I early June, our co-operative was contacted by Michelle Hart (@mhmhart42) of Oprah Daily in regards to an upcoming piece on queer-owned bookstore. Since the short interview conducted with a Firestorm Collective member wasn't used in the resulting article, we're publishing it here!
Michelle (Oprah Daily): Asheville is an interesting place—a fairly progressive pocket of blue in a red state. What is your relationship like to the community? How do you see your store in relation to the rest of North Carolina?
Libertie (Firestorm): Our experience is that the red/blue model for U.S. politics doesn’t hold up. Even in this polarized environment we see that members of our community and our region are socially and politically complex and capable of connecting across identities. Growing up queer in rural North Carolina taught me that some of my best allies might have religious and political beliefs very different from mine.
Our bookstore is probably what you would consider very far Left, but we’re patronized by all kinds of folks. At the same time, we’ve experienced negative attention from both homophobic conservatives, who’ve accused us of brainwashing children, and progressive city officials, who don’t like that we support harm reduction services for queer folks experiencing homelessness and/or using drugs. It’s complicated!
Michelle: You mentioned that LGBTQ people in Southern Appalachia tend to get overlooked, so I’m curious what people in more metropolitan areas can do to support our friends in the south?
Libertie: It’s really important that queer folks in the South be both acknowledged and treated as authorities on our own experiences. In 2016, when North Carolina was the target of an international boycott over a transphobic “bathroom bill,” our co-op was severely impacted by the loss of LGBTQ and ally visitors. We almost closed. It felt like we were being victimized twice: once by the state government and again by progressives who hadn’t even considered us.
One in three U.S. LGBTQ people live in the South and queer people are at the center of our region’s cultural and political life. We’re not just in the big cities! If you’re outside the South, you can still support organizations like Southerners On New Ground, which brings together poor and working class, immigrant, POC, and rural queers to make change.
Michelle: How have the virtual author events been with regard to generating engagement and sales?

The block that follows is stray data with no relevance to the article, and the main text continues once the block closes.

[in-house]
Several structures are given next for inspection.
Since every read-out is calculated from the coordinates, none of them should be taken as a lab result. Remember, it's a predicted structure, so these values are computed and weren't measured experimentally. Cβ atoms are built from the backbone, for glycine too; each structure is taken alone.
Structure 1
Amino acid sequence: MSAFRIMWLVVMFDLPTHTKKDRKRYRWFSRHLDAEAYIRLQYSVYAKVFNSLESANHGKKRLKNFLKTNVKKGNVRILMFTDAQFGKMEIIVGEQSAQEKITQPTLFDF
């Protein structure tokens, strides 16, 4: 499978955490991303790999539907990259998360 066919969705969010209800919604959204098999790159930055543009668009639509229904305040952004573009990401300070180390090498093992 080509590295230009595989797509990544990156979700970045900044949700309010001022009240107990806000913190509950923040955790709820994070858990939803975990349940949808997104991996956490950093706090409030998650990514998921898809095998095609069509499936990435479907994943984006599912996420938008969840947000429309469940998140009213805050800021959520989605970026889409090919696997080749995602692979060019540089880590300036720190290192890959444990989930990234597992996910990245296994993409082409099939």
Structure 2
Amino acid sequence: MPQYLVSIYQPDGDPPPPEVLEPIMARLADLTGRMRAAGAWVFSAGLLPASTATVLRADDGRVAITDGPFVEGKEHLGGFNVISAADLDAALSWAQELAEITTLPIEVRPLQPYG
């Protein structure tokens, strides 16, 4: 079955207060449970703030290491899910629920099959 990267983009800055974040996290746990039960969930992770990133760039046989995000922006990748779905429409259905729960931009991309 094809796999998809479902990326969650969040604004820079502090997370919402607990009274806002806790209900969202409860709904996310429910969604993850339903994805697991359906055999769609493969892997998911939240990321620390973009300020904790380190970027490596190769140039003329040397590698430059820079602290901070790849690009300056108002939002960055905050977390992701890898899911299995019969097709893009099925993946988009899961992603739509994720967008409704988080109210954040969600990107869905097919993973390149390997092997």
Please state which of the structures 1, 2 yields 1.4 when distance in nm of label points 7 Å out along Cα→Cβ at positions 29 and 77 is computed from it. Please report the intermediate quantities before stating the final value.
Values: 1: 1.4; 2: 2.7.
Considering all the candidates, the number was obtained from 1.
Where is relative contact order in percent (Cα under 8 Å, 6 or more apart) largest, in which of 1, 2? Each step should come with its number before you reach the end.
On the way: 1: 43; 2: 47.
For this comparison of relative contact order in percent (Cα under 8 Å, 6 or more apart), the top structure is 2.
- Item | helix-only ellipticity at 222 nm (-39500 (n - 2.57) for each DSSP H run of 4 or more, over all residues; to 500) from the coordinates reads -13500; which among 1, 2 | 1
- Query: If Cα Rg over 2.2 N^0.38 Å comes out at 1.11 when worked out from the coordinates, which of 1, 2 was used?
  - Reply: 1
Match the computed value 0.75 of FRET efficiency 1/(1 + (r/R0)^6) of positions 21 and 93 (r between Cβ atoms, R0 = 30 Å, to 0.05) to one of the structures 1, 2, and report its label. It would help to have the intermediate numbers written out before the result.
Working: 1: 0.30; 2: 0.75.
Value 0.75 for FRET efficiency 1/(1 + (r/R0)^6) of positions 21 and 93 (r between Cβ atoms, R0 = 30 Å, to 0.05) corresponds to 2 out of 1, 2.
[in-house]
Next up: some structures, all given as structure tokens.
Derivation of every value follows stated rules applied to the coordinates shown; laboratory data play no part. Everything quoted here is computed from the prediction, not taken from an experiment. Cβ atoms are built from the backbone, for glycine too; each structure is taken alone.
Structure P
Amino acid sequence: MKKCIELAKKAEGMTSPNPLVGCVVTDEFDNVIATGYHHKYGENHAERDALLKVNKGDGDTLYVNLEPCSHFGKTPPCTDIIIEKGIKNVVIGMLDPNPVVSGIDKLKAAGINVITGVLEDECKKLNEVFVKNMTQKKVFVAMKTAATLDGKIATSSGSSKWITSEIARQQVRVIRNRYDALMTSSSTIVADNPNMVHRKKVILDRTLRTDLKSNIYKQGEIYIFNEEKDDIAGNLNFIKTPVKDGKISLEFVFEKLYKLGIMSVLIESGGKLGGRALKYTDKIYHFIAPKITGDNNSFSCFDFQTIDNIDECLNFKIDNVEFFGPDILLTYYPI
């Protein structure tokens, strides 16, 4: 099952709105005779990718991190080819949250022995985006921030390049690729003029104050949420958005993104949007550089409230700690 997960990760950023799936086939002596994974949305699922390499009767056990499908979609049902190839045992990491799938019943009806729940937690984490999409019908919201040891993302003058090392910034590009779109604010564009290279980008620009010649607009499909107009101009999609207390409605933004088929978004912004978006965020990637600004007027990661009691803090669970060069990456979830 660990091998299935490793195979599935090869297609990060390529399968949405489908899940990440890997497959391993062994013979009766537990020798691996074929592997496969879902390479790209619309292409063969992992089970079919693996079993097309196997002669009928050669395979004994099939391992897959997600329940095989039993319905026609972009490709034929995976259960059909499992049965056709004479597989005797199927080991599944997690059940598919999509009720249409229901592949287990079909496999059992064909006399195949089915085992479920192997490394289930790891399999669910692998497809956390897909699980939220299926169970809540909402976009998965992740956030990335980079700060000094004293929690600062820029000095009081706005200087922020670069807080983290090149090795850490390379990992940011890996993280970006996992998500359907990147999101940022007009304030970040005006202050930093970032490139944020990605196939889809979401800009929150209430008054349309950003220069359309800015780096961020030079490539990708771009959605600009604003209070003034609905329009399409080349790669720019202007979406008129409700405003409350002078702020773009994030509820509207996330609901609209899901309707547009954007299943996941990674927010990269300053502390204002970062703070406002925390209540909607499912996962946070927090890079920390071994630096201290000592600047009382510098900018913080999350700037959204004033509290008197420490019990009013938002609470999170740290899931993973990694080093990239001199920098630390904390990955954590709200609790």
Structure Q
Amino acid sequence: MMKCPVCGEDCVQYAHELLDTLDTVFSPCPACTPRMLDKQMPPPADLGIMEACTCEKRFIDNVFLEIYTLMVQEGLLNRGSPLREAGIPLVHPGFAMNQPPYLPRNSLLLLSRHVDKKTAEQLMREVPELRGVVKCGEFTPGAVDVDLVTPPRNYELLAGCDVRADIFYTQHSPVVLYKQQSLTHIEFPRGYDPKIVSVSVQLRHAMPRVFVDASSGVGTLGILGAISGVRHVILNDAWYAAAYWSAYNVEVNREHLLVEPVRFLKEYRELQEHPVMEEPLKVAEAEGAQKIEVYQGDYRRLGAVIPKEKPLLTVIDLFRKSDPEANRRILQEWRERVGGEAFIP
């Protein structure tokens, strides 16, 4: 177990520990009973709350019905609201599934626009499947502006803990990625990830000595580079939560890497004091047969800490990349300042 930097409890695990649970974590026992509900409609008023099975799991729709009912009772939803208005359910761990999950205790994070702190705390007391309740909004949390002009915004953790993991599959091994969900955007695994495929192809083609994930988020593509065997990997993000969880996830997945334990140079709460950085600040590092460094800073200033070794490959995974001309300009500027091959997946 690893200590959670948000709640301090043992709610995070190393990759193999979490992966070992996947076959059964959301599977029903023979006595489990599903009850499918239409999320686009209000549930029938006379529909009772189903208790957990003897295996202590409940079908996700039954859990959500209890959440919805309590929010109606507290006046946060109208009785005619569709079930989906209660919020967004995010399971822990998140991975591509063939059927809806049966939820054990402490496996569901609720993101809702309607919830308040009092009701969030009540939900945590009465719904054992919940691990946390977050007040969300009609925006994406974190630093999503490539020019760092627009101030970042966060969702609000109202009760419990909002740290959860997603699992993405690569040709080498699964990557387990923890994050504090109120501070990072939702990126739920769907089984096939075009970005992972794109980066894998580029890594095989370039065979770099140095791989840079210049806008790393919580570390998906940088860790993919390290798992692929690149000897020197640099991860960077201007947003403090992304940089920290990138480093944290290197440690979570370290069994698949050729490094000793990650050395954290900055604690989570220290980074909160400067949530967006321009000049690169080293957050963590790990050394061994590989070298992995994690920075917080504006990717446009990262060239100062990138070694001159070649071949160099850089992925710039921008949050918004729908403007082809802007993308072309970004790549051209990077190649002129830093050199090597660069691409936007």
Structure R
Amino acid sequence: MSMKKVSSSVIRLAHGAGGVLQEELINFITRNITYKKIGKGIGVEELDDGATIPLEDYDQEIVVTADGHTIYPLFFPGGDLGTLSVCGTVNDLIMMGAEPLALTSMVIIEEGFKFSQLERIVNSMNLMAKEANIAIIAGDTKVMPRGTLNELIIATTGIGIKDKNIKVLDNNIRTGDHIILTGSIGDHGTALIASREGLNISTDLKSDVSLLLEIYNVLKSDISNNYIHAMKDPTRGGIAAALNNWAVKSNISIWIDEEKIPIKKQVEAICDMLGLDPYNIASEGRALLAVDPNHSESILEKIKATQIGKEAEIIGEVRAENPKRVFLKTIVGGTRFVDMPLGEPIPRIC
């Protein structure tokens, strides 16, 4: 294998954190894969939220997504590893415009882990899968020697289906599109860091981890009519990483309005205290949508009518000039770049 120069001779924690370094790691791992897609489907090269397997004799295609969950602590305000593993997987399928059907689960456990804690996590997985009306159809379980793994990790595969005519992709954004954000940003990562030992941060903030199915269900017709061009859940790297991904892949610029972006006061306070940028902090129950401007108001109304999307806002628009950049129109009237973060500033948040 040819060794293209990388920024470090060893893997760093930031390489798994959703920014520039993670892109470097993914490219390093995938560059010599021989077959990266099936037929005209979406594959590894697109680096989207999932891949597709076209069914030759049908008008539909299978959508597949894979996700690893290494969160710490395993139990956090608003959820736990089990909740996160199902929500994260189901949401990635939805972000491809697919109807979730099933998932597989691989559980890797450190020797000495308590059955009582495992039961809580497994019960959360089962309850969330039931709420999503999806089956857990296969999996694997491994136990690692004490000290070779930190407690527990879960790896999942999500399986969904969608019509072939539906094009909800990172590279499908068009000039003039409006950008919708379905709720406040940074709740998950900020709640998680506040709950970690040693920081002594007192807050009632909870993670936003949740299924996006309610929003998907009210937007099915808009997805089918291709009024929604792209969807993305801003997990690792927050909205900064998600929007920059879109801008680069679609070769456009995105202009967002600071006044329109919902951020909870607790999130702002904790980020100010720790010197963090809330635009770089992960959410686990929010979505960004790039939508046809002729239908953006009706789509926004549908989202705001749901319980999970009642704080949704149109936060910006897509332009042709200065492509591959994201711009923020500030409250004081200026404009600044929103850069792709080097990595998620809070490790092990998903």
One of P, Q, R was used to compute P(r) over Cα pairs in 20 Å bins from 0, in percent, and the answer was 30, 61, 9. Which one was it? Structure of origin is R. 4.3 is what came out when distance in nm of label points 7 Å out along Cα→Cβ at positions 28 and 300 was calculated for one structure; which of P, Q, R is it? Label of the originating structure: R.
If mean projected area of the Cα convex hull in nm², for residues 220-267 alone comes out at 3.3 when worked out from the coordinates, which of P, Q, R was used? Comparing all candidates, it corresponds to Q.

Libertie: Doing events online has been a challenging transition with a lot of rewards! Before COVID-19, we typically had one or two dozen attendees at author events, and fewer at book clubs. Our community room only comfortably seats around 30. But over the last year, we’ve regularly had 60 to 100 people sign up for our events, and attendees join in from across borders and timezones. We haven’t yet resumed in person events, but when we do we hope to continue engaging folks at a distance with livestreams and recorded content. You can check out some of our recent author talks on our YouTube channel.
Michelle: How has the process of reopening been for you?
Libertie: The week before we reopened we threw a big outdoor party for ourselves, to celebrate our thirteenth birthday and pandemic survival. So many people turned up! And over the course of a few hours we raised a thousand dollars for Asheville Prison Books and Tranzmission Prison Project, a volunteer program that sends free books to incarcerated members of the LGBTQ community. It felt amazing to come back with so much energy.
The biggest hurdle for reopening was reintegrating in-person shopping with the e-commerce systems we’d developed while closed for fourteen months. We hope that we’ll be able to have the best of both worlds now.
Michelle: Lastly, I’ve been doing this job for almost four years now, and, as a queer writer myself, I feel like I’ve noticed a kind of gradual sea change in the prominence of queer literature, especially in the adult literary fiction space—writers like Kristen Arnett, Brandon Taylor, Garth Greenwell, Torrey Peters, etc. I’m curious as to whether that is something you or your store has noticed too?
Libertie: Absolutely. Queer authors writing queer stories are now being read by extremely diverse audiences. For the first time, I think it is possible to simultaneously be a general interest bookstore and a gay bookstore, something almost unimaginable twenty years ago.
Michelle: If there’s anything you’d like to say or add, please feel free! As a writer, reader, and member of the LGBTQ community, I’m very thankful places like Firestorm exist, and I’d love to know how to spread the word!
Libertie: Thanks for including us in your piece! If readers want to stay connected to us, they can follow our co-op on Instagram, Facebook, Twitter, and TikTok @firestormcoop. We offer $1 shipping on most book orders.